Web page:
Yesterday Coran and I went to see a film entitled The Last Airbender. We had been waiting to see this film for quite some time, having heard about it through the grapevine, via friends in the United States. It was an interesting concept that to me at least warrants further discussion.
The film is based on the first season of an animated TV series Avatar: The Last Airbender, and was adpated into a film by M Night Shyamalan, who produced The Sixth Sense and The Village, among others. The Last Airbender is the first of a planned trilogy, and is influenced by Asian Art, (so-called) mythology - for I strongly believe that myths are often rooted in fact, however far back in pre-history they go, and the martial arts, with strong cinematic effects.
The film is baseda around the theory that the Planet that we inhabit, is governed by a complex interweaving of four basic elements - earth, air, fire and water, which must remain in perfect balance. The balance is maintained by The Avatar, who has the ability to bend or manipulate all four of these elements, while ordinary mortals (at least some) can bend just one - the element of the tribe that they were born into. The Last Avatar, who was born into the air element, hence the title of the film, disappeared 100 years ago.
The film begins with a young female water bender named Katara, and her older brother, a warrior named Sokka, who live with with the Southern Water Tribe. One day they are out hunting for seals, when Katara detects a movement under the ice. Proceeding to unfreeze the iceberg, she releases a young boy named Aang, and his flying bison Appa, whom it transpires have been trapped for over 100 years. You can probably guess the identity of Aang.
This attracts the attention of Zuko, Prince of the Fire Nation who was exiled by his father until he can find the Avatar, whom the fire nation regard as a threat to their dominance. The rest of the film, without wishing to cut a long story short, details Aang's attempts to restore balance, escape from Zuko's clutches and master the other elements.
Like I say, it was an interesting concept, but one which for me at least was ruined by the American accents. However, as Coran pointed out, in order for people to understand these concepts, they must be couched in a language and a style that people can understand. To me to least (and while I realise this may sound like a generalisation), American is the least evolved spiritually of all nations on Earth, so the film had to shown in a way that would appeal to them, no matter how irritating it was to others, and I found it very much so. The language seemed to be almost child's talk, very basic in the amount of words used and the way they were expressed. I have observed from my own experiences, on both real life and television, that many Americans talk very much like.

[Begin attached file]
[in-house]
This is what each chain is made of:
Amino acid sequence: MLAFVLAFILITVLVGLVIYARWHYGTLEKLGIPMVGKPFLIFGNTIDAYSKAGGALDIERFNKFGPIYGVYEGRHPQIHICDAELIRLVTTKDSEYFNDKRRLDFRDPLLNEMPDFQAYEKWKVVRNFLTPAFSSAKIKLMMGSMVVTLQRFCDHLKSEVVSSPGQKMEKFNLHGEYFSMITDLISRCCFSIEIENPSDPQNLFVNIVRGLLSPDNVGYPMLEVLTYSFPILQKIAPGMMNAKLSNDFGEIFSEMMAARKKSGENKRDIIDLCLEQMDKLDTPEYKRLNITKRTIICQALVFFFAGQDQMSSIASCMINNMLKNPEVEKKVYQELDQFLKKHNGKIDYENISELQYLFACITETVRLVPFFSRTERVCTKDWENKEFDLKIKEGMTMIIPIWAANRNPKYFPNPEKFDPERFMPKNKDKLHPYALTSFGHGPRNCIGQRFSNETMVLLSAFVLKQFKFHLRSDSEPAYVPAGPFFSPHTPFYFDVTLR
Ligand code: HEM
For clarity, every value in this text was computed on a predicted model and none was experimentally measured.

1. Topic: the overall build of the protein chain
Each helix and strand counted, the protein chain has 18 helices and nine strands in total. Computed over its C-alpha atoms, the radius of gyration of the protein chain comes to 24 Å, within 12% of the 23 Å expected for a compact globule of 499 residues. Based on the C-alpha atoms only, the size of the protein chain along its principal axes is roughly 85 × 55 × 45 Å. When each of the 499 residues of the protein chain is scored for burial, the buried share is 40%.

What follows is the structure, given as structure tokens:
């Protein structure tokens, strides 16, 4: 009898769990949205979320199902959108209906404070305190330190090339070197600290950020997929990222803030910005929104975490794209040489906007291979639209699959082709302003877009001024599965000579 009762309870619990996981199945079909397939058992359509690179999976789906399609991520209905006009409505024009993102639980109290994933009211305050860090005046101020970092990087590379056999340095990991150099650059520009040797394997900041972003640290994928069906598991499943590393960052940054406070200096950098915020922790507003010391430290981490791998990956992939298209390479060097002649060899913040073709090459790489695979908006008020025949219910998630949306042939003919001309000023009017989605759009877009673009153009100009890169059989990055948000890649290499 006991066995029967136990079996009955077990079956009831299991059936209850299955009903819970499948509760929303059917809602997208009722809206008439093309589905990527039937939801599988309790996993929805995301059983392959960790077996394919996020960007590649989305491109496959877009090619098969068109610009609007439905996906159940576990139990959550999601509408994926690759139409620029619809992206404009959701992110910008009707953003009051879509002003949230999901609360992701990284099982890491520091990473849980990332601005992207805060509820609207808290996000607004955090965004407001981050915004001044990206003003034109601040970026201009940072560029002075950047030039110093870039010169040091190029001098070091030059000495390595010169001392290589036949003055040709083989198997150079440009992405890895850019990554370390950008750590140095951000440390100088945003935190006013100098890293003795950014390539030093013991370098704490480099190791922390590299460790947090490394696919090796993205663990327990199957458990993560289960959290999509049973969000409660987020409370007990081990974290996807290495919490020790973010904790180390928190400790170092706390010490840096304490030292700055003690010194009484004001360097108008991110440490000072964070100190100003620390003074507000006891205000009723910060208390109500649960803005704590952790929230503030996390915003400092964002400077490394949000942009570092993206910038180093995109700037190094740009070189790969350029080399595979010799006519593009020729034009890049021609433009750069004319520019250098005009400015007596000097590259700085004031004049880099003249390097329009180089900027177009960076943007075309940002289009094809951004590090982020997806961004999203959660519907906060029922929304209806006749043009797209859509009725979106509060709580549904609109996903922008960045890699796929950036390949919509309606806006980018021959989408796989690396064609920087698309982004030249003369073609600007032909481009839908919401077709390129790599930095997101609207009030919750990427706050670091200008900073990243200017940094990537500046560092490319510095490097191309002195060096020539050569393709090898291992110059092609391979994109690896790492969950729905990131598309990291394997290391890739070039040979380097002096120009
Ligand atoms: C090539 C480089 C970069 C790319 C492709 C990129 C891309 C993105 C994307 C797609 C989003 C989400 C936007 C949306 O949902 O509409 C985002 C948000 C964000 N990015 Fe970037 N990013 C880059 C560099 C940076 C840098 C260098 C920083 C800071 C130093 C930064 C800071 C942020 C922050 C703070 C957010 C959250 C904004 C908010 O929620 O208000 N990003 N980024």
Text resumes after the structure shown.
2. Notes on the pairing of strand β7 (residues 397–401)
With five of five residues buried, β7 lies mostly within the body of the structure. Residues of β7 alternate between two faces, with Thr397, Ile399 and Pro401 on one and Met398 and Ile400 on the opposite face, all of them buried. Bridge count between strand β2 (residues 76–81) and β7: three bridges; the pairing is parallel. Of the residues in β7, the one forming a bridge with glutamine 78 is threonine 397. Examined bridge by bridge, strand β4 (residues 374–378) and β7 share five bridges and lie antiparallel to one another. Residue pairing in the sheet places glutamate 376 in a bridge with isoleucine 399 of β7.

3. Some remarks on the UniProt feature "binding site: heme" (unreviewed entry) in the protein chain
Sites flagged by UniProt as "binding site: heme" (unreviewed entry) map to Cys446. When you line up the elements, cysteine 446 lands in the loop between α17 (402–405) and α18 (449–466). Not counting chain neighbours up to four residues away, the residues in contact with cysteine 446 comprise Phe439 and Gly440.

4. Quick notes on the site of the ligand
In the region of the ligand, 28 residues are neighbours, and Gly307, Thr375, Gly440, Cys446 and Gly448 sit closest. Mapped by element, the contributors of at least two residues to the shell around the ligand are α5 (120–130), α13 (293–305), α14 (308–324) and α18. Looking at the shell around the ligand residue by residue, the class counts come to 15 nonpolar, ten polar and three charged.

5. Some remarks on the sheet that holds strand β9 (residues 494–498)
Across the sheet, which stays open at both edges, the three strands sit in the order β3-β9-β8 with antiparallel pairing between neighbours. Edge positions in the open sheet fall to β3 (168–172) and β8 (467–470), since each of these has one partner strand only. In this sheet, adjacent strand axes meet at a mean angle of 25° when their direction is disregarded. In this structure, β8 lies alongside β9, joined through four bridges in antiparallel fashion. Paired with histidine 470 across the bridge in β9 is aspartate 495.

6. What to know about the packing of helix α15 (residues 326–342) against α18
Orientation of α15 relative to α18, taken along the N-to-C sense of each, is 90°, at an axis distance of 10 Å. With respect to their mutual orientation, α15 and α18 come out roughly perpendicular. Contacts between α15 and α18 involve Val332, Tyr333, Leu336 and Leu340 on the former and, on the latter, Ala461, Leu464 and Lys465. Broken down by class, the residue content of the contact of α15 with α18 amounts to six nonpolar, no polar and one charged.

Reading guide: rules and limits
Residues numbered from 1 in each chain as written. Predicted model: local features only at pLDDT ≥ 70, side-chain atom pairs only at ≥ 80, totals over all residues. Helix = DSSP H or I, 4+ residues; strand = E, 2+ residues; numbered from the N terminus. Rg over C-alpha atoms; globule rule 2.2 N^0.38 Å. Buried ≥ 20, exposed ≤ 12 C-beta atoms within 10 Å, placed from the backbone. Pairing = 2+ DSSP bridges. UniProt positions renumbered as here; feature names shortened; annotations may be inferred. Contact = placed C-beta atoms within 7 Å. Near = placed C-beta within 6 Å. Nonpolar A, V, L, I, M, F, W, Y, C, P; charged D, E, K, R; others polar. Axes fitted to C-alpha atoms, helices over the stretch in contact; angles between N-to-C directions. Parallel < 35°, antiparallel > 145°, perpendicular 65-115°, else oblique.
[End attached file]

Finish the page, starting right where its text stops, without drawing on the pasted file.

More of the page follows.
Personally I would have liked to have seen much more emphasis on the qualities of the four different elements, which were barely touched upon at all. All that was said was the idea that water is connected to the emotions. This is true, but when you come to think of it there is much more to water than just this - water mirrors the state of not just the Planet but also our own bodies, with three quarters of both being ocmposed of this element.
I felt that this film has strong Atlantean overtones, many of which were echoed in my own work, Genesis of Man (I would urge you to read this book if you ae interested to know more). Atlantis had not four, but seven Royal families representing the four main elements, plus three others - love, spirit and evolution (change), elements which are less well known and less easily defined. In the film each of the elements had a northern and southern kingdom, with their own Royal families who were responsible for maintaining balance and order, just as in Atlantis.
I cannot help wondering if the film harkens back to what took place there, with the Fire element reigning supreme and wishing to be in control. Of course no one can ever be in control, for balance must always be maintained, just as we must express 'moderation in all things'. The balance is delicate but it must be maintained and that I suppose is the danger that we face now all over again.
Maybe that is also a message from nature, for there has certainly been an increase in natural disasters in recent years - the Boxing Day Tsunami (water), various volcanos (fire), earthquakes (earth), and sand storms in the Middle East (air). Earlier this year we saw major disruption to air traffic caused by the Icelandic volcano, which shows us how at least two of these elements are interconnecte. With the rise in volcanic and seismic activity, should the ice caps begin to melt, we will see how all four are connected in a much more dramatic way that could affect us all.
The message for me then of this film is that what we do does very much affect the planet on which we live, and we must learn to respect and work with mother nature as our ancestors once did, and not manipulate for our own sake, simply because we can, as the fire tribe does in the film. For if we persist in this way, the earth will no longer support, nourish and sustain us and that delicate balance will be gone forever, leaving us with no means to support and nourish ourselves. The choice is ours to make.